D Accepts enough evidence that Gary Johnson, the Libertarian Party presidential candidate who won 3% of the popular vote in 2016, drew more votes from President Trump than Hillary Clinton, Neira Tandon still has an ax to grind with actress Susan Sarandon for supporting Jill Stein, also the Green Party's governing party.
Despite the fact that Stein's overall share of votes would still not win Clinton in the White House, frenzied leftists continue to stifle their nightmare scenario: a serious third-party contender emerges in 2020 to give Trump a second term.
I don't know what Mooch or anyone else is. It would be nice to see Trump have a primary fight against a true conservative, but don't let anyone – left or right – sell you to a third party running against Trump in 2020. This only helps Trump. The math is clear.
– Tom Nichols (@RadioFreeTom)
August 17, 2019
Nichols is definitely wrong, but unless front-line Democrat Joe Biden's Democratic Party manages to retain his stubborn and insurmountable lead, it's hard to know how right he is.
In 2016, voters were asked to choose between a blossoming billionaire accused of sexual assault by multiple women and a corrupt career politician who defended her husband against credible sexual assault allegations by multiple women. Hillary Clinton has always been a pretty conservative Democrat, and Donald Trump has been a pretty liberal Republican since being a Democrat. Voters do not trust either of them, which leads to a largely non-ideological choice between two liars with similar politics and similar malicious personal behavior.
The upcoming race may present voters with a very different choice. If Biden cancels the nomination, the rebellion against Republicans in the 2018 suburbs could be repeated. Biden's policies are not very different from Hillary's, but on a personal level, most Americans like and trust him. Even if a certain coalition of disgruntled Republicans only marginally favors Biden over Trump, it's hard to imagine those in Ohio who run the risk of winning Trump by voting for a hypothetical third-party candidate instead of Biden himself.
So far, no convincing candidate has declared a third party offer, but the calculation is simple, no matter who is applying: The third party offer is detrimental, even though the main party is working too far. Trump's actual policies may prove far more mainstream and successful than voters imagined in 2016, but his rhetoric and reflections on Twitter have touted his presidency as eminently partisan and polarizing.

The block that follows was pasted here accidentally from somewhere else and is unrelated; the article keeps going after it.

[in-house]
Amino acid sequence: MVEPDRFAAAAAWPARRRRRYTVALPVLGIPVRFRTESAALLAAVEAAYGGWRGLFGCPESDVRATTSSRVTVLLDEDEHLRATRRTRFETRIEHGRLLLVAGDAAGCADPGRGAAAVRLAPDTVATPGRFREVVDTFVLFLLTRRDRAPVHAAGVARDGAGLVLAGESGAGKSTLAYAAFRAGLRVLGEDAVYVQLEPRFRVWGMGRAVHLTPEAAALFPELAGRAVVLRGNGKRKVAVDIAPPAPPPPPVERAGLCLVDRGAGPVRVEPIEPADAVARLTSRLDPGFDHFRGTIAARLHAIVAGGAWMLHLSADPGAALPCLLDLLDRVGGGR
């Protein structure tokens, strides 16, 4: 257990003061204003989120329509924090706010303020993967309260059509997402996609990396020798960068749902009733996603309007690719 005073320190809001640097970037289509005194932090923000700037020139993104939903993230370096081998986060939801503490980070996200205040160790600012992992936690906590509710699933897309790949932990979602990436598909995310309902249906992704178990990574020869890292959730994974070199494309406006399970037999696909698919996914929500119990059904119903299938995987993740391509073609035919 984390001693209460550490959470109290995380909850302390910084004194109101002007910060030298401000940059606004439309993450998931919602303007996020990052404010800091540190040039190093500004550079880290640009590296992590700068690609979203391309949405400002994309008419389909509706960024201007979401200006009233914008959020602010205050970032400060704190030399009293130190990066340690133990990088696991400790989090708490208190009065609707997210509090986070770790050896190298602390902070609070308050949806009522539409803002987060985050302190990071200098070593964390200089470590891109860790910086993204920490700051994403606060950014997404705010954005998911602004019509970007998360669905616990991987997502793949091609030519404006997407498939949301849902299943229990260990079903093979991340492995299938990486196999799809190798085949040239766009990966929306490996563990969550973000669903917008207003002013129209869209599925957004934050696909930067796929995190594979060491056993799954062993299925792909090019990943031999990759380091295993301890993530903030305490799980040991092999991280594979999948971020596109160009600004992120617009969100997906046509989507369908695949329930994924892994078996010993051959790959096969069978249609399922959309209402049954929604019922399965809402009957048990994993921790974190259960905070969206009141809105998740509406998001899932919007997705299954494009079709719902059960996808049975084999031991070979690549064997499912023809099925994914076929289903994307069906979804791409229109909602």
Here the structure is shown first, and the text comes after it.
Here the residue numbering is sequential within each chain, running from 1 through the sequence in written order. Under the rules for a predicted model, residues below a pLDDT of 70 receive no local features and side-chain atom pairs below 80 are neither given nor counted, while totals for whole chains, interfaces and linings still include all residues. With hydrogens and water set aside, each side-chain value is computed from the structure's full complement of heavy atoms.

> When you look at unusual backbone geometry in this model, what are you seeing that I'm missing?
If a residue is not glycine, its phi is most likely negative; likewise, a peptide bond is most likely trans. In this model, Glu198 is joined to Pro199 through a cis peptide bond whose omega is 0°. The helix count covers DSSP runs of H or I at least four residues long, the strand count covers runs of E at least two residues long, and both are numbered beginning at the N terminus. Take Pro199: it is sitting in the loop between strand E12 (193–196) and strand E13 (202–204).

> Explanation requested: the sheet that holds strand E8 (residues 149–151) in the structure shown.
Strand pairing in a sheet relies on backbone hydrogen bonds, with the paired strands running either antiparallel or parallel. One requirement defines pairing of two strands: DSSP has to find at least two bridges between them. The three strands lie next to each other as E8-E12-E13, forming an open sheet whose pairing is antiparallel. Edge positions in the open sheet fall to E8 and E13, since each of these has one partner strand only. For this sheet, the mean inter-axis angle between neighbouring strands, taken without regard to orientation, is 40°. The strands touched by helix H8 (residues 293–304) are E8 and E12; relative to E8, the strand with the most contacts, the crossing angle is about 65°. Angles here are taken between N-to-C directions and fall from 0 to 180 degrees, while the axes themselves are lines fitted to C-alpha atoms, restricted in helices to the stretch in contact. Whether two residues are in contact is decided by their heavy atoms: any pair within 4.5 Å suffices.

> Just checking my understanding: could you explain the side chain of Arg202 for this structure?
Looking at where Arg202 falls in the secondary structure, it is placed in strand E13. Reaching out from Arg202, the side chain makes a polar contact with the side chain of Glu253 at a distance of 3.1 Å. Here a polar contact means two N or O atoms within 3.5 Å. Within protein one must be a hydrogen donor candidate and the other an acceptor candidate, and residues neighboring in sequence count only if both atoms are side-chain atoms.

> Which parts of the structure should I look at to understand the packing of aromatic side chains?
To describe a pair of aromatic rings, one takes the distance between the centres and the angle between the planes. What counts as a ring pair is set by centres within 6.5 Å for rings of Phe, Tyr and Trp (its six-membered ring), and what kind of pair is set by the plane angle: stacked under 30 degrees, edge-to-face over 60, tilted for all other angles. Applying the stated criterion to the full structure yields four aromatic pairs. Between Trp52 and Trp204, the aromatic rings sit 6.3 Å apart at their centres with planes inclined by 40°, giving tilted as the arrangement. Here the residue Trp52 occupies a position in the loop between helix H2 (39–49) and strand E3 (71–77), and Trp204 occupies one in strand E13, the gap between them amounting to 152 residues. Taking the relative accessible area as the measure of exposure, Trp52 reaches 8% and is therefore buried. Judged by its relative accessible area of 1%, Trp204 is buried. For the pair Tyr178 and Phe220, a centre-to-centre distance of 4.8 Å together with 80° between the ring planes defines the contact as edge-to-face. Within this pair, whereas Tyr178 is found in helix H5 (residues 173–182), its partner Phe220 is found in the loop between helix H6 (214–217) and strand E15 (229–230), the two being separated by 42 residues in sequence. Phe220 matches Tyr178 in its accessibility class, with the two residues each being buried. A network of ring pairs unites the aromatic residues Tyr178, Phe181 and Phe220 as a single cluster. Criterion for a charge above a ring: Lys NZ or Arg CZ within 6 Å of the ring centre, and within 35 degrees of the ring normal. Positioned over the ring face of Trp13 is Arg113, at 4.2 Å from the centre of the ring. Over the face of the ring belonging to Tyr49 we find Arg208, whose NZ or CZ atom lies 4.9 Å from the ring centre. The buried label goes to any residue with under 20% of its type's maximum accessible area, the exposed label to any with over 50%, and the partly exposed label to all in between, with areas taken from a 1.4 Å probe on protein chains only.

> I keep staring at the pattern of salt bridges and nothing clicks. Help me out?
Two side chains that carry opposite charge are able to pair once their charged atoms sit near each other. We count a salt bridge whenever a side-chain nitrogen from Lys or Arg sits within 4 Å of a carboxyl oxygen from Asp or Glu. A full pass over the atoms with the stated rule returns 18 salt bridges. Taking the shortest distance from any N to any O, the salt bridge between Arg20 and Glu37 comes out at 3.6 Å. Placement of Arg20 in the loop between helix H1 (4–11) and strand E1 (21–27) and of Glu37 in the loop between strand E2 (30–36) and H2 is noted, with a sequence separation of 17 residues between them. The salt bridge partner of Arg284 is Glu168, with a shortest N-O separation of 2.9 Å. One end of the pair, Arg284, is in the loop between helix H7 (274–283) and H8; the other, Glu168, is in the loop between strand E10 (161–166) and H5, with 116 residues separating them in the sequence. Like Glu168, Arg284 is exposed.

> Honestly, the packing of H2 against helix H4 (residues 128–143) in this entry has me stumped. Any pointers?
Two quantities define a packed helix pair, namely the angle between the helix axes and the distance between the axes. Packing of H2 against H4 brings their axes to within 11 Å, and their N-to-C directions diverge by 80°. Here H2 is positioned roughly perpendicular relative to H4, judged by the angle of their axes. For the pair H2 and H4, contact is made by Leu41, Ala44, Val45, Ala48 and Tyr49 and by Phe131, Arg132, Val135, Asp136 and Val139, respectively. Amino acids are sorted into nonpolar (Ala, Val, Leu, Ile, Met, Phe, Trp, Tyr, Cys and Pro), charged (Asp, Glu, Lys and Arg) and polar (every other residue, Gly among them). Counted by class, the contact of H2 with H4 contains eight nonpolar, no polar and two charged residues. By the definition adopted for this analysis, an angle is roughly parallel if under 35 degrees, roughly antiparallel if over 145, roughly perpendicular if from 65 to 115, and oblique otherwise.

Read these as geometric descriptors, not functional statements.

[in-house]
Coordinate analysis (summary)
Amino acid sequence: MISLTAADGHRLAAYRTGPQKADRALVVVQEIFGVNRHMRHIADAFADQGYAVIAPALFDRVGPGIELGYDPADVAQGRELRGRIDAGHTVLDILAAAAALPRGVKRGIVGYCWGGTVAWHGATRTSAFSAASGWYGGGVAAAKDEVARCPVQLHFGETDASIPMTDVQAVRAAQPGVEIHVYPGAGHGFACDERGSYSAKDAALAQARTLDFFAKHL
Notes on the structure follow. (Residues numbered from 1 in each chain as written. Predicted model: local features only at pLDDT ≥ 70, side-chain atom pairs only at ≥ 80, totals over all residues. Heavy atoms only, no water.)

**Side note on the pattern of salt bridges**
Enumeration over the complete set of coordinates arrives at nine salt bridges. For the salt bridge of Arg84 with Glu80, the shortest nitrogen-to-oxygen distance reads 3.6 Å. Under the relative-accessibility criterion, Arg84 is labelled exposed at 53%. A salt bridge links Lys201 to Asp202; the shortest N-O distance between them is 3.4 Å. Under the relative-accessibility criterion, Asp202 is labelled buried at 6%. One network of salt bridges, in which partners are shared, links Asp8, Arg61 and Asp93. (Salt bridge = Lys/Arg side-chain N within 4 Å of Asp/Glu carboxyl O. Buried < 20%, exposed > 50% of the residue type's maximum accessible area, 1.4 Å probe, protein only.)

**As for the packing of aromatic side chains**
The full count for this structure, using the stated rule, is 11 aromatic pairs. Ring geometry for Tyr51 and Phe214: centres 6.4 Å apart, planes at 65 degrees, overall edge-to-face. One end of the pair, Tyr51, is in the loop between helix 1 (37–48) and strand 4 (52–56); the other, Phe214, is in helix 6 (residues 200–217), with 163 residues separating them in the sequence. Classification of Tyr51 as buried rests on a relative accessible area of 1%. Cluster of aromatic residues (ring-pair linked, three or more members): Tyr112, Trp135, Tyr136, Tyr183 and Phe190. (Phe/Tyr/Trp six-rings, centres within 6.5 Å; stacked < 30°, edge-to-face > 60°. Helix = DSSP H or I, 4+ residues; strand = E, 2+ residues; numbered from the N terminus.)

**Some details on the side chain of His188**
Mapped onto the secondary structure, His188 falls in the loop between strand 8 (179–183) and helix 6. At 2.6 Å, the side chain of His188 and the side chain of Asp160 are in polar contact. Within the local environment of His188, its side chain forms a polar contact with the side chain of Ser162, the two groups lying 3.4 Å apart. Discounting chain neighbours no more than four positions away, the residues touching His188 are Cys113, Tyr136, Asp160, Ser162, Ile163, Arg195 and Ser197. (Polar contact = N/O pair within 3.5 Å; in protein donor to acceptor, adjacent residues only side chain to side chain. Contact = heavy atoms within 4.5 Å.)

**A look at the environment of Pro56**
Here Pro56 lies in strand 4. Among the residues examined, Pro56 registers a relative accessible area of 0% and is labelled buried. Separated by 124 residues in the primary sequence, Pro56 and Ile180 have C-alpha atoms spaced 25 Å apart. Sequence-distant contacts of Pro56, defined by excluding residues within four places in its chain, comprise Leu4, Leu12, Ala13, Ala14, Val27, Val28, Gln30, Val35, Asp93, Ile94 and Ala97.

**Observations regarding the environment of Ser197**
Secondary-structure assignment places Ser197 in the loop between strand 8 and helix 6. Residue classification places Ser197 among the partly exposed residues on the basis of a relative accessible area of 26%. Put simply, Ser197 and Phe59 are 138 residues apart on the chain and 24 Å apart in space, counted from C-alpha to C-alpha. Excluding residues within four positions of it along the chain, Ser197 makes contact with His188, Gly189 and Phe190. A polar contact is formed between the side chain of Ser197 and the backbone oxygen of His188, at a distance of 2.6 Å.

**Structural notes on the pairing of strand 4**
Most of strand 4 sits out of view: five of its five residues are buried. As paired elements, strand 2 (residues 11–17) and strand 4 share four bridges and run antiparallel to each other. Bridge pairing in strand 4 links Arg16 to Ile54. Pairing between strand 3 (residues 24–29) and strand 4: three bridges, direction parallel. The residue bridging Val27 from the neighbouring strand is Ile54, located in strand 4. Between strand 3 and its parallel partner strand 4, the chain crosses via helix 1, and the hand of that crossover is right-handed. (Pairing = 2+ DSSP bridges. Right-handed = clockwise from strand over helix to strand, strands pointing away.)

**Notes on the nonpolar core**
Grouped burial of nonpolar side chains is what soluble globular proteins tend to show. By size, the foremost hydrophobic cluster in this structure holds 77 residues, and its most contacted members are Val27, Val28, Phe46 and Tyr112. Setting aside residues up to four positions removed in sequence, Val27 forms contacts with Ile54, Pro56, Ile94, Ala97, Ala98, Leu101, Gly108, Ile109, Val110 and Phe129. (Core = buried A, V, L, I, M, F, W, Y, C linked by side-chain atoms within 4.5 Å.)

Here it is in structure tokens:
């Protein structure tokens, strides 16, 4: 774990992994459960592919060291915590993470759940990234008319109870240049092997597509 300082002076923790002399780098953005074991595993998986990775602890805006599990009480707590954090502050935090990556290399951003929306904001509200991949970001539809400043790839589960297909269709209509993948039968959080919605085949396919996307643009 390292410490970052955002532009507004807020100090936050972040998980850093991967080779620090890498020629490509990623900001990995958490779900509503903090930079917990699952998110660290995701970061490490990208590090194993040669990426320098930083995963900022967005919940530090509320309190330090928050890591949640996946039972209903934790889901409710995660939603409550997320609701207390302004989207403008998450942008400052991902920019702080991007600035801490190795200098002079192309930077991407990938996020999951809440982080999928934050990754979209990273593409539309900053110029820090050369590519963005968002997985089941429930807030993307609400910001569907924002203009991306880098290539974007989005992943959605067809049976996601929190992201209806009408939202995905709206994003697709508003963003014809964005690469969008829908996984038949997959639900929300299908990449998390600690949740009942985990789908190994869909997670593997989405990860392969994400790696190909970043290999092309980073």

Contrast with Biden will highlight this shortcoming by Trump. Other Democratic front-runners would contrast with Trump mainly through their political extremism.
Asking a small business owner in suburban Orlando to trade new tax cuts to get back to the Obama-era policies with a decent amount of money back in the White House. Telling them to trade Trump's crashes on Twitter to eliminate private health insurance and wealth taxes or property taxes to fund a free college is another matter altogether. Trump is disgusted enough by Democrats that any nominee will receive a vote on the Left, but if the nominee is too extreme, that crucial vote will never – Trump will go instead to a third-party candidate.
Unless a candidate with an already recognized first name such as Michael Bloomberg or Michelle Obama or one with a clearly defined constituency such as Justin Amash is running for a third party application, it is unlikely that anyone will enter the race anyway. won a lot, the Ephemeral "Libertarian Moment" of 2016 turned out to be a meltdown and it is unclear who is ready to plunge into the waters until the Democratic primary is resolved. But in any case, Democrats should remember that a third-party challenger threatens their chances only if they choose the unelected.